Woodworking Shop in Basement

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Joe Roberts wrote:

finished putting in a basement shop (my third one to date) and enjoy it greatly. Closing the shop door keeps the sawdust in the shop and out of the house. My children are grown, so I don't worry about waking up the kids running power tools after bedtime. We insulated the basement cinder block walls with 2 inch blue board foam insulation with sheetrock on top which helped a lot in the home heating bill and made it warmer and drier. Since you are planning new construction, allow for lots of light, lots of wall sockets, a 220 volt circuit, and a sink for cleaning brushes and stuff. And as much space as you can afford. Your table saw wants 8-10 feet in front and in back, and at least 8 feet on one side if you are gonna cut up 4*8 sheets of stuff.
David Starr
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I have a shop in the basement. For me, the only major advantage is when it gets to minus 30 C outside. Inside, I am warm!
Happy woodworking from the frozen north,
Mike

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Joe Roberts wrote:

Mine is in a walk-out basement, so it's dry and easy to access.
The Cons that still remain:
Little natural light Low ceiling Noise, dust, and smell migrate into the living space Little natural light Low ceiling Lolly columns and a center staircase eat space Little natural light Low ceiling Concrete floors Little natural light Low ceiling Little natural light Low ceiling Little natural light Low ceiling Little natural light Low ceiling
Sorry, I got stuck on little natural light and low ceiling. I'm getting cabin fever. <G>
With a choice, I'd greatly prefer WINDOWS and some head space in a detached building with no columns and wood floors.
In fact, I'd trade half my space to be above ground.
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It's a little better if your basement layout permits your workbench to be near those walkout slider doors and a relaxing view through them is achievable.
David Merrill

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David Merrill wrote:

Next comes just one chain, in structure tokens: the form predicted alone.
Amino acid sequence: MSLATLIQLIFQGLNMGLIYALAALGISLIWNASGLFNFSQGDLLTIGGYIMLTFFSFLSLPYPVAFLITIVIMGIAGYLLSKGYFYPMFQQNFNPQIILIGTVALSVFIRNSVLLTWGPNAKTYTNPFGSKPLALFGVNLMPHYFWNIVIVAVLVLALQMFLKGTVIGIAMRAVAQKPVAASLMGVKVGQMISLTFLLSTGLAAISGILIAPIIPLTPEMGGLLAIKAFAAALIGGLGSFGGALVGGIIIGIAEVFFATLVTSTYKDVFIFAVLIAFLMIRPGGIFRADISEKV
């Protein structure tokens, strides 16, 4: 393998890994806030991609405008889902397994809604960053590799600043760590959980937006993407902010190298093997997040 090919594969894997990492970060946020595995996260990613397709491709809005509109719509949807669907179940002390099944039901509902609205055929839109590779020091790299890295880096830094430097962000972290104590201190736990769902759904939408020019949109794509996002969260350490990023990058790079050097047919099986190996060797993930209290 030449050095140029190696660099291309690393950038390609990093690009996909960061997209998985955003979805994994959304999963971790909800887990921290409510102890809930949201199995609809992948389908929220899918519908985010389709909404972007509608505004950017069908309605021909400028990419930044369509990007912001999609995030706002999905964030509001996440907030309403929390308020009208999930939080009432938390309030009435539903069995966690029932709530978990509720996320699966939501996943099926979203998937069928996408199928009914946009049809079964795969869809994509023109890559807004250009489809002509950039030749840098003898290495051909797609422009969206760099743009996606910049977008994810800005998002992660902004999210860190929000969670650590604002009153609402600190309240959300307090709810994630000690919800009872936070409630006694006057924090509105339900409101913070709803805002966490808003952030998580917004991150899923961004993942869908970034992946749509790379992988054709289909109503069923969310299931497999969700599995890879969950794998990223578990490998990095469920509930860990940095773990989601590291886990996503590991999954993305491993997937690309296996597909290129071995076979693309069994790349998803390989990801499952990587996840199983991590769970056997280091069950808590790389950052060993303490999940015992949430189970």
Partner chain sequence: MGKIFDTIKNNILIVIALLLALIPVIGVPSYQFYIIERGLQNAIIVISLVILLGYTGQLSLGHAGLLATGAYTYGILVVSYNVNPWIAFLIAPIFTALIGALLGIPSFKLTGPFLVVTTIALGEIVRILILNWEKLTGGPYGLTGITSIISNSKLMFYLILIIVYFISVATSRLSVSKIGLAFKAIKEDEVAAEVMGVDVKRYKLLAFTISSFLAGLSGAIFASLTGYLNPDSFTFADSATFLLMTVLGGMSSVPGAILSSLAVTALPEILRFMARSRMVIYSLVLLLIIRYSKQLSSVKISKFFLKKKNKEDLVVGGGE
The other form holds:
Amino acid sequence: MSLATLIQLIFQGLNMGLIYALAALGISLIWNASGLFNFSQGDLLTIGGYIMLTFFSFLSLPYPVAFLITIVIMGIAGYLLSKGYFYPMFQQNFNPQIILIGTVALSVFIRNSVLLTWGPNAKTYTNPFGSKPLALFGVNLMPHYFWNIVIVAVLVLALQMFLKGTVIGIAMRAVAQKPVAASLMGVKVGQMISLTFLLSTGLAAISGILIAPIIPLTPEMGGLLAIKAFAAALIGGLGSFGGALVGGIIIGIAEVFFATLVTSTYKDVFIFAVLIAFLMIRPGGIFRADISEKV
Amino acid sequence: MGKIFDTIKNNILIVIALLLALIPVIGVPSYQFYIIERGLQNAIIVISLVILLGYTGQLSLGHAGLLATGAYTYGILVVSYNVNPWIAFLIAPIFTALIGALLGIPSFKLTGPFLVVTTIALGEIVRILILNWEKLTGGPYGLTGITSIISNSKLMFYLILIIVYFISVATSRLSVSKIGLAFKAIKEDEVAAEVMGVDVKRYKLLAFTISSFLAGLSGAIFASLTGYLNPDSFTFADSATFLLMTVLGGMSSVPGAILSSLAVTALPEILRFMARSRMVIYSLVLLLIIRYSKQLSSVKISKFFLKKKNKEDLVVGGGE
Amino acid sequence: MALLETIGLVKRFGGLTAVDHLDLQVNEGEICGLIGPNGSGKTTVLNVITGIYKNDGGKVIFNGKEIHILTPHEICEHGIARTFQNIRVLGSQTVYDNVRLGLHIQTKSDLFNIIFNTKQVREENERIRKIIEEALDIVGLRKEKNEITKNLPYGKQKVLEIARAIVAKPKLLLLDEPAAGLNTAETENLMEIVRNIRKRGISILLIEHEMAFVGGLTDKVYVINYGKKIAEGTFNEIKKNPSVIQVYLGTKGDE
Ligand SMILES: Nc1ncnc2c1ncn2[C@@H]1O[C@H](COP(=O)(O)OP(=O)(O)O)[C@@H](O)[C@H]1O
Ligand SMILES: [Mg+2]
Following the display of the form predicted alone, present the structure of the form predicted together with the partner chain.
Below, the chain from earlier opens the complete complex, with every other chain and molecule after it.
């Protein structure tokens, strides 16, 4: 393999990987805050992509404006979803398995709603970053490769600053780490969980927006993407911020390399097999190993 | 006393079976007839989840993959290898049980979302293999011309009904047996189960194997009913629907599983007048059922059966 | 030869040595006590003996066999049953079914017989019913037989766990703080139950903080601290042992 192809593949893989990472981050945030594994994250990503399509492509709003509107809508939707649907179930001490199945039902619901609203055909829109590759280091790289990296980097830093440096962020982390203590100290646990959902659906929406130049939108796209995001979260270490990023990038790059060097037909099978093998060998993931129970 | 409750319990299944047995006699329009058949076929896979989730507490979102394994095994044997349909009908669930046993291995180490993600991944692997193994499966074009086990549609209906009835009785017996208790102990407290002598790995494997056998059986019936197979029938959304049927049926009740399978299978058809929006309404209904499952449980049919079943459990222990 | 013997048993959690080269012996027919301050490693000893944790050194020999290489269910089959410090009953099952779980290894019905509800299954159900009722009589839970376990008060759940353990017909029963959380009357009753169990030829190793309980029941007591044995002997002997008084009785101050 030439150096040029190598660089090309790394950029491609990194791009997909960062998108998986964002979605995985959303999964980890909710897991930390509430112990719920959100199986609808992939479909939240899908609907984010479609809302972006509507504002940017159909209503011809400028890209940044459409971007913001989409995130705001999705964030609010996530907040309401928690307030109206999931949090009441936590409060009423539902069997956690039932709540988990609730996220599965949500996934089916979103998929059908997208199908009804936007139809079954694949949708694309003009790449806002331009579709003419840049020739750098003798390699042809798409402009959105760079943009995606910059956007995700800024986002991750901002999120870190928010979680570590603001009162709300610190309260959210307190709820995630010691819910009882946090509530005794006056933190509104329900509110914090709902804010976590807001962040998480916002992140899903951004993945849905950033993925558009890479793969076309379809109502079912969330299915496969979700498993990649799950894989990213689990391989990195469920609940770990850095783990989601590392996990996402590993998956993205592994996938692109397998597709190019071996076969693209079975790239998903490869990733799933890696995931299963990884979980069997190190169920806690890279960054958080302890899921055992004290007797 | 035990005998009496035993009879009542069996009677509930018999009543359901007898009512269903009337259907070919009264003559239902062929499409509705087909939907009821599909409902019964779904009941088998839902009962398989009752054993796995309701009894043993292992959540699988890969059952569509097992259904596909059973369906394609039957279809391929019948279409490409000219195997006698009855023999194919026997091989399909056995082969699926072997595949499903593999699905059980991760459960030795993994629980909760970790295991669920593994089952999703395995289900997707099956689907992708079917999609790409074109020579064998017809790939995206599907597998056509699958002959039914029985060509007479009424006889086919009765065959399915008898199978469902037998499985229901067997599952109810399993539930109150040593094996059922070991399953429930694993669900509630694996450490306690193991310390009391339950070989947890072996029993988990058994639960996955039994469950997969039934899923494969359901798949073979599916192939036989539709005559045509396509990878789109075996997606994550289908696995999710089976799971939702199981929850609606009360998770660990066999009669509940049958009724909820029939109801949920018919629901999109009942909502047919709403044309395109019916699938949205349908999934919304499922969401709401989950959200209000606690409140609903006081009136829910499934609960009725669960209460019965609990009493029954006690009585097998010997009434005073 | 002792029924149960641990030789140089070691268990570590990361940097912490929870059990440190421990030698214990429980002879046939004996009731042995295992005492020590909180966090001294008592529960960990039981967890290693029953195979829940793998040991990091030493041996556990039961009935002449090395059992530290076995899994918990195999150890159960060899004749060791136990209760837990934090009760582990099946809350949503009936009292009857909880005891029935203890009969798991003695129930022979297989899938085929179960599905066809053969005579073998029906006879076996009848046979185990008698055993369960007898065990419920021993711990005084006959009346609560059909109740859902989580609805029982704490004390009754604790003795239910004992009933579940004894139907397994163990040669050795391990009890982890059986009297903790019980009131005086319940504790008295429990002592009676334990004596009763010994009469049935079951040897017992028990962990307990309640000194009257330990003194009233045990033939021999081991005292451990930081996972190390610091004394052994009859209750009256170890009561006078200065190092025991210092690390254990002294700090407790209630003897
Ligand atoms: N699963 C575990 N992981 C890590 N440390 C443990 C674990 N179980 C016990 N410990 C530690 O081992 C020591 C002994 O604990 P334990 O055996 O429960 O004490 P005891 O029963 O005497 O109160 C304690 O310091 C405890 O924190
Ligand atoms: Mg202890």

The furnace is right next to the non-sliding doors.8^(
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David Merrill wrote:

The shop in my old house had an interesting view. The lady that lived behind me had two college aged daughters that would sunbathe in the backyard in bikinis every afternoon.. made it hard to get work done.
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B A R R Y wrote:

But new construction can easily solve most of your basement problems. You can build a new house with a walkout basement with plenty of windows and sliding doors on the walkout side(s). You can put the staircase and furnace off to one corner, along a wall, etc. And make sure the water main does not come up in the middle of the basement. These are free changes at time of construction. Lally columns can be minimized by using deeper rafters or steel beams as the support beam. Some extra cost here. But not a lot. Also the foundation shape will affect whether the ends of beams can be born by the foundation walls without any lally columns. Something to be considered in the planning stage. Make the basement 1 foot or 2 feet deeper. A little extra cost for concrete and digging. All of these things are relatively cheap/free and easy to do if PLANNED for at time of construction. I almost always work in the shop at night so natural light is meaningless.
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snipped-for-privacy@yahoo.com wrote:

Sure can! But if I were building new, I'd still prefer to make the shop an attached building on grade. Even with windows all along one side, it's still not the same.

And all I need is a new house. <G>
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I went from having a shop in the basement to building a separate building for my woodworking and everything else that goes with it. I also added a lean-to to the shop for storing a tractor. I enjoyed building the shop myself, and thought of the carpentry as a distant cousin to woodworking.